Culture

Dog-Friendly Buenos Aires

 

 

Buenos Aires has something for everyone, including the dog-lover. Thanks to the open attitude of its denizens, abundance of city parks, great weather year round, and low cost of pet care services, it is an ideal city for us dog owners. Just watch where you step!

Bilingual dog parking at La Dorita; photo by Caitlin McCann
Bilingual dog parking at La Dorita; photo by Caitlin McCann.

Porteños love their pooches

In a city of 3 million humans, there are over 500,000 dogs as pets, making dog watching in Buenos Aires just as prolific as people watching, and equally entertaining. Walking your dog means being frequently stopped by strangers who want to pet your four-legged friend and tell you how lindo he is. (Bonus points for rescuing a street dog: you will unfailingly be congratulated and informed that strays are the best and most loyal dogs.)

A pack waiting for their paseador; photo by Caitlin McCann
A pack waiting for their paseador; photo by Caitlin McCann.

Pack leaders

Especially fun to spot for locals and visitors alike are the paseadores de perros/paseaperros, armed with anywhere between 5 and 20 dogs, making Cesar Millan look like an amateur. These professional walkers usually have two daily shifts, provide door-to-door walking services, consisting in taking their packs to the park to play. Since they are something of a status symbol, the best paseaperros spotting is in more affluent neighbourhoods.

Dog parking at Le Pain Quotidien; photo by Caitlin McCann
Dog parking at Le Pain Quotidien; photo by Caitlin McCann.

We are pet friendly

Such a pet-friendly culture means that dogs are often welcome wherever humans are, including shops and restaurants. Many businesses display on signs whether they are pet friendly, but it is always courteous to ask: “Puedo entrar con el perro?“ (Can I come in with the dog?)

Some taxis flagged on the street will take pets, depending on the driver, but you can also call a remis and indicate you’re traveling with a pet. It is good etiquette to bring a blanket and leave a small tip.

Unless otherwise indicated, parks and plazas are pet-friendly. There are designated dog runs throughout the city, but because dogs here are so well socialized, people tolerate them almost anywhere, on or off the leash.

A pack waiting for their paseador; photo by Caitlin McCann
A pack waiting for their paseador; photo by Caitlin McCann.

The dark side

As anyone who has walked a few blocks in this city can attest to, there is evidence left all over the sidewalks of the large number of dogs. (There is regulation indicating owners must pick up after their dogs, but it is rarely enforced.) In response, Mayor Macri is encouraging responsible dog owners who pick up after their dogs to fasten them with a green collar (#CollarVerde).

The city trying to keep the streets cleaner; photo by Caitlin McCann
The city trying to keep the streets cleaner; photo by Caitlin McCann.

The campaign was just announced in May, so let’s wait with cautious optimism to see any impact. Yellow containers with plastic bags furnished by the city government have also been recently appearing in city parks.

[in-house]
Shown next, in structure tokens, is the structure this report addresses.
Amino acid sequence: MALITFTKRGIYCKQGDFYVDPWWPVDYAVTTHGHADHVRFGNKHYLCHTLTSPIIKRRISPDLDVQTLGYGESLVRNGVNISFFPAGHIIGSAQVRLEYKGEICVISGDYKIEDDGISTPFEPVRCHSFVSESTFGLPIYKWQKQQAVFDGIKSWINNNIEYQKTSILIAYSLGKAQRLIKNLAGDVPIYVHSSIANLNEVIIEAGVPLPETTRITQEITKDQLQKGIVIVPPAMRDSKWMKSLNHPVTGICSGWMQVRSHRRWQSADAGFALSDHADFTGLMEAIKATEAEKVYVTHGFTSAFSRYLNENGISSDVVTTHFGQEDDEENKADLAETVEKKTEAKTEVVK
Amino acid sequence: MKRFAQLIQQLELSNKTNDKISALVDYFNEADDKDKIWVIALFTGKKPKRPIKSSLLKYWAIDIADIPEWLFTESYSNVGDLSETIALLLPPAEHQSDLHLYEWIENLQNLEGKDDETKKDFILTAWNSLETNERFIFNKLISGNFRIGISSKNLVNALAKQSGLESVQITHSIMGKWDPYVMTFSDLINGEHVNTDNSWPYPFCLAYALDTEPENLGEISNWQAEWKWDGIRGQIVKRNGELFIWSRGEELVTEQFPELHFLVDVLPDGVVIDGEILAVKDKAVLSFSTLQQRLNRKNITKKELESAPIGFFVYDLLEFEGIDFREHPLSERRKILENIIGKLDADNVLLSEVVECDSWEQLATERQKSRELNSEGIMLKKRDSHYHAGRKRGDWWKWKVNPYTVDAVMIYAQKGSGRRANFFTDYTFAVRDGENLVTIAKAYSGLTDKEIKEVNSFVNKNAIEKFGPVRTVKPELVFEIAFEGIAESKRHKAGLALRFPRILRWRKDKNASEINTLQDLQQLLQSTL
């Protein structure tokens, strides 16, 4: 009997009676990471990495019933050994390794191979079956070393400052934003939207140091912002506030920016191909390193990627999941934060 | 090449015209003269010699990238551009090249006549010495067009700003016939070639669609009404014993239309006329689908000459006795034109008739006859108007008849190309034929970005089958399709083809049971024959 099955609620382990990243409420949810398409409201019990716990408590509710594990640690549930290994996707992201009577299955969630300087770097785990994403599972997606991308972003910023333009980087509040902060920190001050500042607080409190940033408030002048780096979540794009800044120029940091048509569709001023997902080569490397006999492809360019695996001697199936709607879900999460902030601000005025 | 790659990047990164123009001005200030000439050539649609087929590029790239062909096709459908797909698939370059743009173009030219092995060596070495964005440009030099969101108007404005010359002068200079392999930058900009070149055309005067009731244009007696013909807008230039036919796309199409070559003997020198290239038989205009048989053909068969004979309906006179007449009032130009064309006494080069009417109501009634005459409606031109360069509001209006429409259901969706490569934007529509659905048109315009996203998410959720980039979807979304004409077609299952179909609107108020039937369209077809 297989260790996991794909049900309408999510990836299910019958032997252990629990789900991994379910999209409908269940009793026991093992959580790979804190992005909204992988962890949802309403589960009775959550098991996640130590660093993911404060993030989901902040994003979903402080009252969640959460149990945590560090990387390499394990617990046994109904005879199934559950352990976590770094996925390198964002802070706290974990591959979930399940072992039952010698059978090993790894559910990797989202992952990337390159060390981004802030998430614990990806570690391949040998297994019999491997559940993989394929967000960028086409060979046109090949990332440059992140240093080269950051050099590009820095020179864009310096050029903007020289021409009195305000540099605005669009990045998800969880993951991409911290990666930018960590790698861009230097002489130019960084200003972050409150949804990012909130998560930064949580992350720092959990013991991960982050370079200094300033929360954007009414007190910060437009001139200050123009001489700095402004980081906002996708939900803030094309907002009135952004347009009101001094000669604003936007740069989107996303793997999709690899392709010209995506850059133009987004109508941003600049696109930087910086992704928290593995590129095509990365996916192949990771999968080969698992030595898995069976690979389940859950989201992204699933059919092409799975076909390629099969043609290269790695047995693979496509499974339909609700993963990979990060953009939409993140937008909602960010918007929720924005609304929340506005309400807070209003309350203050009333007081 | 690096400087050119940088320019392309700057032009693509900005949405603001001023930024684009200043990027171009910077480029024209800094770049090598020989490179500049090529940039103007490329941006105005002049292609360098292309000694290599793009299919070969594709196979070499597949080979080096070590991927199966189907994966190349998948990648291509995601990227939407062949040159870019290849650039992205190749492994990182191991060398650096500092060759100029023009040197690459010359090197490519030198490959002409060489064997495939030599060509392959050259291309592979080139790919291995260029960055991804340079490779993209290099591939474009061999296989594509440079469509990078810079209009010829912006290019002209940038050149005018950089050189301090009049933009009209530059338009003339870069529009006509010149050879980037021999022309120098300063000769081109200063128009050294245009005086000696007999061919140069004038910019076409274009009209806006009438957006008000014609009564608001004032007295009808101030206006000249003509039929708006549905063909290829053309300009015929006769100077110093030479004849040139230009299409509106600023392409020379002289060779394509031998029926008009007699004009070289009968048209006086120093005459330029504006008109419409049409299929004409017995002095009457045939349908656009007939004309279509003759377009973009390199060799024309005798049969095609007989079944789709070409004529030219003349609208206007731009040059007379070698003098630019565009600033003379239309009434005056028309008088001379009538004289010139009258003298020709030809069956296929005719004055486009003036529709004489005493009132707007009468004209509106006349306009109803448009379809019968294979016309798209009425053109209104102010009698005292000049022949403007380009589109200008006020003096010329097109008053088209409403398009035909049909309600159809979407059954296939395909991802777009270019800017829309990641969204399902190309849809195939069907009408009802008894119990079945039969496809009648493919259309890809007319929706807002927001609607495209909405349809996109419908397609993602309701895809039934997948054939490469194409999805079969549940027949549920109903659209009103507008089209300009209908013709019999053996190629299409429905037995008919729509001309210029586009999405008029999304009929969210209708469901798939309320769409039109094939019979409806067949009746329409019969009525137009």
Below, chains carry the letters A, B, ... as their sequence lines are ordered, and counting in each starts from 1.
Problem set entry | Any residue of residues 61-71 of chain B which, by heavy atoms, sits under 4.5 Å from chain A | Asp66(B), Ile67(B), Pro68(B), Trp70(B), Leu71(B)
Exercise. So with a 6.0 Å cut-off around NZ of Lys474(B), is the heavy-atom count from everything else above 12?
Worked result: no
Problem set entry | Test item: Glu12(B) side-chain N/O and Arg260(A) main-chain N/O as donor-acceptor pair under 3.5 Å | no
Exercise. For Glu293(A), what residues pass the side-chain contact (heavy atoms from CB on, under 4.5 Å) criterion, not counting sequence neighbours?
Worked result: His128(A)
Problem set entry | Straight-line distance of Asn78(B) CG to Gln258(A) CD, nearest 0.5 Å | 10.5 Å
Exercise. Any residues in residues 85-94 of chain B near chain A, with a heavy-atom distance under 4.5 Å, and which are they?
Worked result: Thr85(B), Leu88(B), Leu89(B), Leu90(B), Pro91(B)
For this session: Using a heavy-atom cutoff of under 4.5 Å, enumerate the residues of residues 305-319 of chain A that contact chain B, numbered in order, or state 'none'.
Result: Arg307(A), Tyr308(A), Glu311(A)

Dog-inspired street art; photo by Caitlin McCann
Dog-inspired street art; photo by Caitlin McCann.

Pet Friendly Guide

STAY

Many hotels and apartments allow pets. The Palacio Duhau-Park Hyatt has a VIP (Very Important Pet) program, with grooming and walking services, and special menus. The Faena Hotel also offers pet-friendly rooms, complete with a “pet kit” including a bed, treats and toys.

SHOP

While neighbourhood vets double as pet stores for regular items, including puppy-sized Messi jerseys (por supuesto), to show the dog in your life you really care, pick him up some canine couture, especially now that winter is upon us. Try Amores Perros (Alvear 1946) in Recoleta or Margoff (Fitz Roy 1929) and Napoleon & Josephine, both in Palermo Hollywood.

EAT

As a general rule, most outdoor patios allow dogs but some places are extra pet friendly. One of the first to embrace this trend was the café at the Evita Museum (J.M. Gutiérrez 3926). Victoria Brown (Costa Rica 4827) allows dogs in their covered outdoor space, and spoils them with extra treats. Caffé Tabac (Av del Libertador 2300) is a neighbourhood institution, with plenty of sunny outdoor seating and dog watching to accompany that café con leche.

DO

In BA for a few…

Days? Check out the paseaperros in the parks of Palermo or Recoleta. Best times are weekdays between 9 a.m. and 5 p.m.

Months? Consider volunteering at an animal shelter like Campito Refugio. If you’re here in the fall, you may be lucky enough to catch the annual DogRun.

Years? Adopt a dog! Some reputable options are Protectora Sarmiento, Campito Refugio or Mascotas en Adopción, who bring pets for adoption to Plaza las Heras every Saturday from 3-6pm.

My own little perro, Viggo, adopted from Mascotas en Adopción; photo by Caitlin McCann
My own little perro, Viggo, adopted from Mascotas en Adopción; photo by Caitlin McCann.

What’s the greatest number of dogs you’ve seen in one pack? Let us know in the comments below!

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Posted in: The Real Argentina Blog, The Real Argentina: Culture
Posted on: July 2, 2014
Tagged as: , , , , ,
Comments: 2 Comments

 
  • Sandra Malo

    Love the article! And I wish all the cities were as dog friendly as BA is. It’s good to know that somewhere in the world you can have a dog and be able to enjoy city life with him/her.

  • laura

    Amo tu perro,es hermoso y sus orejitas son divinas!!!

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